Toyota Division will enter the full-sized sport-utility segment later this year with the Sequoia, a variant of the Tundra pickup platform built in Indiana. It will slot between the 4Runner and Land Cruiser in Toyota's lineup, with pricing expected in the low- to mid-$30,000 range.
Sequoia is slightly larger than the Chevrolet Tahoe and almost identical in size to the Ford Expedition.
Because it comes off the Tundra platform, it shares most of the components, including the 240-hp 4.7-liter V-8. The engine has an ultra-low-emission vehicle rating, a first for the full-sized sport-utility segment.
Sequoia's front suspension will be nearly identical to Tundra's double wishbones, while the rear will get a five-link live axle with coil springs. Its ground clearance is 11 inches. Sequoia will be offered in two-wheel-drive and four-wheel-drive models, and vehicle stability control will be offered as an option. Four-wheel antilock disc brakes will be standard.
Although the Sequoia is to be a North America-only vehicle, it was designed in Japan, like the Tundra. Engineering work was split between Japan and Toyota's technical center in Ann Arbor, Mich.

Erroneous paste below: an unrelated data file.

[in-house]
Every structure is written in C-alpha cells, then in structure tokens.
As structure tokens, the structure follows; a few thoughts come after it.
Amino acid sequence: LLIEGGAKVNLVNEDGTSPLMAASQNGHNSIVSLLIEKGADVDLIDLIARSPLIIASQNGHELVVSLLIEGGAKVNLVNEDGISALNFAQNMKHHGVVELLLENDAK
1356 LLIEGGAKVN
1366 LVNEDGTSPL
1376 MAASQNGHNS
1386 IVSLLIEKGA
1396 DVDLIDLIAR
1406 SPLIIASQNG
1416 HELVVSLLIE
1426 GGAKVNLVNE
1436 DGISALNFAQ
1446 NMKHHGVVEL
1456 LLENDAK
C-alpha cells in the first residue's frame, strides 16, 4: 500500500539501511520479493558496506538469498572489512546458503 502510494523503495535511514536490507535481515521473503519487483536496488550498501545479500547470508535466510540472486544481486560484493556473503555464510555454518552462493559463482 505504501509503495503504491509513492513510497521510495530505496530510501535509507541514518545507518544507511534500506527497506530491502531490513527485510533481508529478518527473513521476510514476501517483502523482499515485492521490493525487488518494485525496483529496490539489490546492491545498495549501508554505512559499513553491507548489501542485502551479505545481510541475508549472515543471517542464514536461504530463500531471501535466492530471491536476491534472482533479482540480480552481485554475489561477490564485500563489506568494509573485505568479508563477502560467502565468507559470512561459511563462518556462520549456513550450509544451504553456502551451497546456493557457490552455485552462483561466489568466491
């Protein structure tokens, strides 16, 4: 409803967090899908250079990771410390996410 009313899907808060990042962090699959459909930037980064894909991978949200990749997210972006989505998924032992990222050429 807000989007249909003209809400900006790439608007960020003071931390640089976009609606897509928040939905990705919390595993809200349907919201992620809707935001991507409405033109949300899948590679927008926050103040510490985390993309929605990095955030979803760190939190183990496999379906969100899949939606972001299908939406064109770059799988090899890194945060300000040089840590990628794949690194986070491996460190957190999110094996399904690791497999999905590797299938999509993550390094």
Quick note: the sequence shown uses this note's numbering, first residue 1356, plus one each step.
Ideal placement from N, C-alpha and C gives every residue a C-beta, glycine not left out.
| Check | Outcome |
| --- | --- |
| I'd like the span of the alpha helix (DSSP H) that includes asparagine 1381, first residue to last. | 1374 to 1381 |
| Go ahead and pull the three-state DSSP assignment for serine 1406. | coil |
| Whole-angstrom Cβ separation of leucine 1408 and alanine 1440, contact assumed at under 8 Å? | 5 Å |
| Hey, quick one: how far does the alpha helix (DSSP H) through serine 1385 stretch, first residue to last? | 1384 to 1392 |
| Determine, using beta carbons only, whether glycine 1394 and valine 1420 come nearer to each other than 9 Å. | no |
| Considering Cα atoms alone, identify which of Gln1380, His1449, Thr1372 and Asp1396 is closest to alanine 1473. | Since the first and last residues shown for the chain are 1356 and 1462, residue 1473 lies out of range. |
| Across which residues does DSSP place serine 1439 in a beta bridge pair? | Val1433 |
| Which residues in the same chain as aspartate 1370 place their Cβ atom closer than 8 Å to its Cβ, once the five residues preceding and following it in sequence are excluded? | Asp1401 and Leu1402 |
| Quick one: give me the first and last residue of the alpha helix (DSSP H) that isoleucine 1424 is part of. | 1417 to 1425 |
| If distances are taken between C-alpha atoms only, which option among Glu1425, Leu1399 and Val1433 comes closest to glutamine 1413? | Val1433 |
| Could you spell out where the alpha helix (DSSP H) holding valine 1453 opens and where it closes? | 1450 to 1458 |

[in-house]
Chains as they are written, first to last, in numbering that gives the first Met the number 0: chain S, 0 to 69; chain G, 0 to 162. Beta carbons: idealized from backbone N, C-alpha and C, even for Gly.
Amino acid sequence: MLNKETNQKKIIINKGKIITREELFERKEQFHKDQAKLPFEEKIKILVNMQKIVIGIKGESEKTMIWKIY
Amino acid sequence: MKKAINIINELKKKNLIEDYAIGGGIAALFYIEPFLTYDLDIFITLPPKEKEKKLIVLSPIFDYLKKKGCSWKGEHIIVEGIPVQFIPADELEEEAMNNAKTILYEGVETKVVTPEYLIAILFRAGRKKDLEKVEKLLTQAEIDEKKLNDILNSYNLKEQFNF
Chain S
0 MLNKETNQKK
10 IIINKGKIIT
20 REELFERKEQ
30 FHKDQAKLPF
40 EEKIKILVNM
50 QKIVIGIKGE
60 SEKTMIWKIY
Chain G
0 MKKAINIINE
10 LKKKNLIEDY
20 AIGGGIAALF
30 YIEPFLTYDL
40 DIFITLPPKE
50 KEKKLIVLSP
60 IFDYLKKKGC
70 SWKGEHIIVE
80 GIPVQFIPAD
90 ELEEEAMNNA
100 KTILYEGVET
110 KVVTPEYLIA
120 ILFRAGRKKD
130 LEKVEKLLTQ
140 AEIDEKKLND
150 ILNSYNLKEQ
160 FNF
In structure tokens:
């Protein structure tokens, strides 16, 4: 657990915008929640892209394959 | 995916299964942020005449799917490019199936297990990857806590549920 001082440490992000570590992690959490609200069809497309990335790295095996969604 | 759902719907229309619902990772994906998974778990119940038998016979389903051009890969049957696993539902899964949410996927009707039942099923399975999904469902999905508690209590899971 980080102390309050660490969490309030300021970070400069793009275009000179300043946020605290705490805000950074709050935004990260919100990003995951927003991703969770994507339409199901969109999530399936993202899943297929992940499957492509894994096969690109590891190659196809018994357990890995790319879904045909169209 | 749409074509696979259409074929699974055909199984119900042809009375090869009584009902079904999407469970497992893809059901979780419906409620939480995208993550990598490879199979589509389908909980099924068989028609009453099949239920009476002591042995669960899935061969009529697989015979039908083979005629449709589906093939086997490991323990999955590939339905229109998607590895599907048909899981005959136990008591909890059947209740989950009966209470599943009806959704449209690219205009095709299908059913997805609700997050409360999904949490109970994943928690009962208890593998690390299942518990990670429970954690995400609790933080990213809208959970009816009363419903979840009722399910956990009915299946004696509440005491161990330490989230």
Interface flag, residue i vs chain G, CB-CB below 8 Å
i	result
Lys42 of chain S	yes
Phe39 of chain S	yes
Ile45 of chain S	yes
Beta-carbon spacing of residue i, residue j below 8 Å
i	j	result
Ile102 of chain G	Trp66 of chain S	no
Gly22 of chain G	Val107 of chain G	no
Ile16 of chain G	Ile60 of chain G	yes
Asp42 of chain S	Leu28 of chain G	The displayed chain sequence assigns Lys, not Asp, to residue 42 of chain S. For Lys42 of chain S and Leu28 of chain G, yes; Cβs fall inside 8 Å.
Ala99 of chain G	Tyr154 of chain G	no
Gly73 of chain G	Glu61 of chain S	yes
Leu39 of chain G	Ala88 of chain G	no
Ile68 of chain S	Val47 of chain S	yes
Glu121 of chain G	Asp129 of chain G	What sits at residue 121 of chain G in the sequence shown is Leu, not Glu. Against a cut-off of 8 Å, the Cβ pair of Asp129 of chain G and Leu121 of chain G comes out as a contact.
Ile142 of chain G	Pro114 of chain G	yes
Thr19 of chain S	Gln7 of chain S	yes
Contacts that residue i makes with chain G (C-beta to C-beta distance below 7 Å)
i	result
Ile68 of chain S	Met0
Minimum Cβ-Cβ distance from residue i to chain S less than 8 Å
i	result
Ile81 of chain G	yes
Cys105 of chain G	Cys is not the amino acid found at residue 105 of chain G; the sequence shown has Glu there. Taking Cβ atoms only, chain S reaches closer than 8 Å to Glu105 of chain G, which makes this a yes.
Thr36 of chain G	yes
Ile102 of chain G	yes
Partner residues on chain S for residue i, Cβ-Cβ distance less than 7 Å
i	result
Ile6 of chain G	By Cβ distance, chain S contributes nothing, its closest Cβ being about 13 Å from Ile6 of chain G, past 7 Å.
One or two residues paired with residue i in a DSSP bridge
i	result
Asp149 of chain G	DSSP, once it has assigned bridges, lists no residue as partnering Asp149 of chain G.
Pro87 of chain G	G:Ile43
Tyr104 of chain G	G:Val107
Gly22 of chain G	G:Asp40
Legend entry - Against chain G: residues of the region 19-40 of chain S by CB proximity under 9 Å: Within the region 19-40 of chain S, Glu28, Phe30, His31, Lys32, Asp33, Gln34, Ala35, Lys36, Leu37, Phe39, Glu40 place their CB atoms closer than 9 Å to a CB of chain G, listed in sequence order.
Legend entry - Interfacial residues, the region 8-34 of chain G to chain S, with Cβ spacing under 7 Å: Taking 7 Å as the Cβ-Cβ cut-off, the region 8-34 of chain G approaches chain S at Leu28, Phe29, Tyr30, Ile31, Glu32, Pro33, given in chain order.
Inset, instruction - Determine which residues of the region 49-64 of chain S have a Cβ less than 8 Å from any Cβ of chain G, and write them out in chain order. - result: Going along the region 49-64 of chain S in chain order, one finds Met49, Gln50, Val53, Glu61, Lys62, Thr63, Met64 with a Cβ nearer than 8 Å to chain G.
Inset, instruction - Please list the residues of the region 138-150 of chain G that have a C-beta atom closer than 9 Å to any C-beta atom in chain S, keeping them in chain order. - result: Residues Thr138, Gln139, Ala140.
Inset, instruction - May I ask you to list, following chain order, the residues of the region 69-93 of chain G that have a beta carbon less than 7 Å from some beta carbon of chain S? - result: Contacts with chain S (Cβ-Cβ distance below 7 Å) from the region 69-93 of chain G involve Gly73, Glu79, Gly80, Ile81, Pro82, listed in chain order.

Toyota expects to sell 60,000 units annually, although with the Indiana plant possibly expanding in the near future, that figure could increase sharply if demand is there.
Although the Sequoia is almost the same size as its domestic rivals, Toyota doesn't think many buyers will be traditional domestic shoppers. Rather, most buyers will be import intenders who previously had no choices in the segment, said Steve Sturm, Toyota vice president of marketing.
One big question is what will happen to the venerable Land Cruiser, which, although smaller, is priced far higher than the Sequoia. Toyota executives said the Land Cruiser will make it through its current model cycle, which should expire around 2004, but added that they will study the extent to which the Sequoia cannibalizes its sales.
'We'd be kidding ourselves if we didn't think this would have an impact, but dealers want to keep Land Cruiser as a profit center,' said John Weiner, Toyota national product planning manager.
Dropping the Land Cruiser is something Toyota would rather not do, because the model carries significant brand equity. Toyota would prefer to keep it as a premium vehicle, not make it solely a Lexus model. Toyota sold 18,602 Land Cruisers and 15,734 Lexus LX 470s in 1999.
'Land Cruiser is what got us started in America, and it has a good heritage,' Weiner said. 'It's still the ultimate sport-utility vehicle, and its shorter wheelbase and fully boxed frame actually makes it better off-road than Sequoia.'